Saturday, October 31, 2015
K (anime TV series), via Netflix
K stars a carefree young man who goes by the name Shiro. Although he acts a bit like a stray cat sometimes, begging for food from his fellow classmates and wandering in and out of just about everywhere, he appears otherwise normal. That's why it's such a shock when HOMRA, an infamous group of thugs, airs a video clip that appears to prove that Shiro killed one of HOMRA's most beloved members. Shiro finds himself on the run with a skilled swordsman named Kuroh and Neko, a Strain who, besides being able to appear as either a cat or a human, has other mysterious abilities. Kuroh has sworn to kill Shiro, who he believes is the corrupt new Colorless King, unless Shiro is able to prove that he is innocent.
On the one hand, aspects of this world were very interesting. I liked the concept of the different kings – the Red King was the leader of HOMRA, and the Blue King was in charge of Scepter 4, a group that essentially ruled Japan from behind the scenes. And the mystery of Shiro's past, and whether he really did kill one of HOMRA's members, was also intriguing. However, for some reason this series never really grabbed me.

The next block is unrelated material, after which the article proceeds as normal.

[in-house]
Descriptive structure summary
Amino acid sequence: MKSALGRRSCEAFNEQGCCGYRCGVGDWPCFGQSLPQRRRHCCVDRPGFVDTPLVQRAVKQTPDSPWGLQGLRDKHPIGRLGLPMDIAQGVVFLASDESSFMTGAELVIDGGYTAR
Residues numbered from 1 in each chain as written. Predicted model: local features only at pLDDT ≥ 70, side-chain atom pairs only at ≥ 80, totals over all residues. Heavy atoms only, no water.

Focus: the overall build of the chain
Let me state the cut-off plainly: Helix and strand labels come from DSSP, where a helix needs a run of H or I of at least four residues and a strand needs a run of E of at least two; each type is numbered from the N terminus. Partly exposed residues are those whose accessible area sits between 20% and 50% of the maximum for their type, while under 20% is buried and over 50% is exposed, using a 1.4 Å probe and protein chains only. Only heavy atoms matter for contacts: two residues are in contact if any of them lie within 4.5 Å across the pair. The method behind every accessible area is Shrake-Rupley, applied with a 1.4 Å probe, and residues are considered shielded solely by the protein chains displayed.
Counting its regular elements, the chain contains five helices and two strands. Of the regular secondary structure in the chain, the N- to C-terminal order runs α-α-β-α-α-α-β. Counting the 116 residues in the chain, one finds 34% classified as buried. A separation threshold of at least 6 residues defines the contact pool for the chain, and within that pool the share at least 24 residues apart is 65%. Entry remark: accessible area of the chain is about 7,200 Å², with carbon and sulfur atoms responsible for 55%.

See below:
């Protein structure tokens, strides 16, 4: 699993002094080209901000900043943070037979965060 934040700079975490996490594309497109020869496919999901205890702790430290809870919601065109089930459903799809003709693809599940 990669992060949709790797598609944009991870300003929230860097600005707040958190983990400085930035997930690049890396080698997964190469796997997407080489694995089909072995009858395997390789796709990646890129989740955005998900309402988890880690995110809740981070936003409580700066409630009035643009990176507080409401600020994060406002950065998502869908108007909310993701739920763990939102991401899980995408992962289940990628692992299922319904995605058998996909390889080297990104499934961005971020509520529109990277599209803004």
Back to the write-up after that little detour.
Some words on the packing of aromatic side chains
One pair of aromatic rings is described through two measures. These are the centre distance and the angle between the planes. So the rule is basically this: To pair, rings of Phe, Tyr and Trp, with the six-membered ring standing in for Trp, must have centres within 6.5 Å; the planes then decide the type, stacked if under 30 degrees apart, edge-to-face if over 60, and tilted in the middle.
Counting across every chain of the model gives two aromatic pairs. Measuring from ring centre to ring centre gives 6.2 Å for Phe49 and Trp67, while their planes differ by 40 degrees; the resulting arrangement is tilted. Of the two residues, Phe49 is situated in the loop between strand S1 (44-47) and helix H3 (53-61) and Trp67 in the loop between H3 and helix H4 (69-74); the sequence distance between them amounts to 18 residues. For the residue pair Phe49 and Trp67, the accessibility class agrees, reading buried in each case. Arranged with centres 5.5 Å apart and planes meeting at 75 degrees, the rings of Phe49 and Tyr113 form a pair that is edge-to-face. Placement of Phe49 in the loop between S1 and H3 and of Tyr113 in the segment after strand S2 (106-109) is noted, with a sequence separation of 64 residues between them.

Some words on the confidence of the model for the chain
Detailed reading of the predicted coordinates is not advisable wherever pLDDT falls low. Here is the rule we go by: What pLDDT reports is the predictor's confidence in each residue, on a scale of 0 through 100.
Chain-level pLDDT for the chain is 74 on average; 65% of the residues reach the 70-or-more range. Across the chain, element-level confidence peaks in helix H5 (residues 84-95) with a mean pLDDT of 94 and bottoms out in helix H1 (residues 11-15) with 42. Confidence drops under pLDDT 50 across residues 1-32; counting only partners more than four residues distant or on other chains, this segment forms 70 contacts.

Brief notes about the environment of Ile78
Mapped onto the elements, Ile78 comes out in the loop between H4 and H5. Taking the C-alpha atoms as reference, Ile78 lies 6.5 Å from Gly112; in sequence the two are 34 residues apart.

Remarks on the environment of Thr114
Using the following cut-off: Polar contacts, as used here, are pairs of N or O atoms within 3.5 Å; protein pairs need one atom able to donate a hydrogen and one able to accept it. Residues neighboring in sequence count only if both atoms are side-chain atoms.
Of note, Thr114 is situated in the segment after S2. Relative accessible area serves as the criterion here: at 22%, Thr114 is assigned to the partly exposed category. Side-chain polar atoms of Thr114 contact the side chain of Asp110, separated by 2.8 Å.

I think this might be another one of those “pretty character designs, meh storyline” series. The character designs really were nice. Just based off of the guys, I'd say this show was primarily designed to appeal to women, but then there was the ludicrously large-breasted Seri and frequently naked Neko. Maybe a result of it trying to appeal to multiple demographics? In addition to the character designs, the battles were pretty good too, flashy and fast-paced.
Unfortunately, the area where I think the series really suffered was the characters. Almost all of them had potential, but the series was too short to do much with them. You got to see a little of Shiro's past and tiny hints of how various groups of characters came to be together, but that was it. The characters clearly cared about each other, but viewers weren't given enough context to care just as much. For example, the Red King and the Blue King seemed to have a great deal of respect for each other, even if they were a little too different to be friends, but viewers were never shown how that respect developed and grew. And I still don't entirely understand the whole thing with Fushimi and Yata. I felt like there had to be more to Fushimi's decision to leave HOMRA than what he told Yata.
The ending would have had me shouting “that's all?!” if I hadn't already known that there's a sequel movie, as well as a sequel anime series that only just started airing this month. Although these episodes didn't excite me much, I'd watch more if it got licensed and Netflix picked it up, just to see more of the battles, to find out how one character survived, and to see what the other clans are like. I'll need to resist the urge to buy this, however, since I don't think it would be worth it.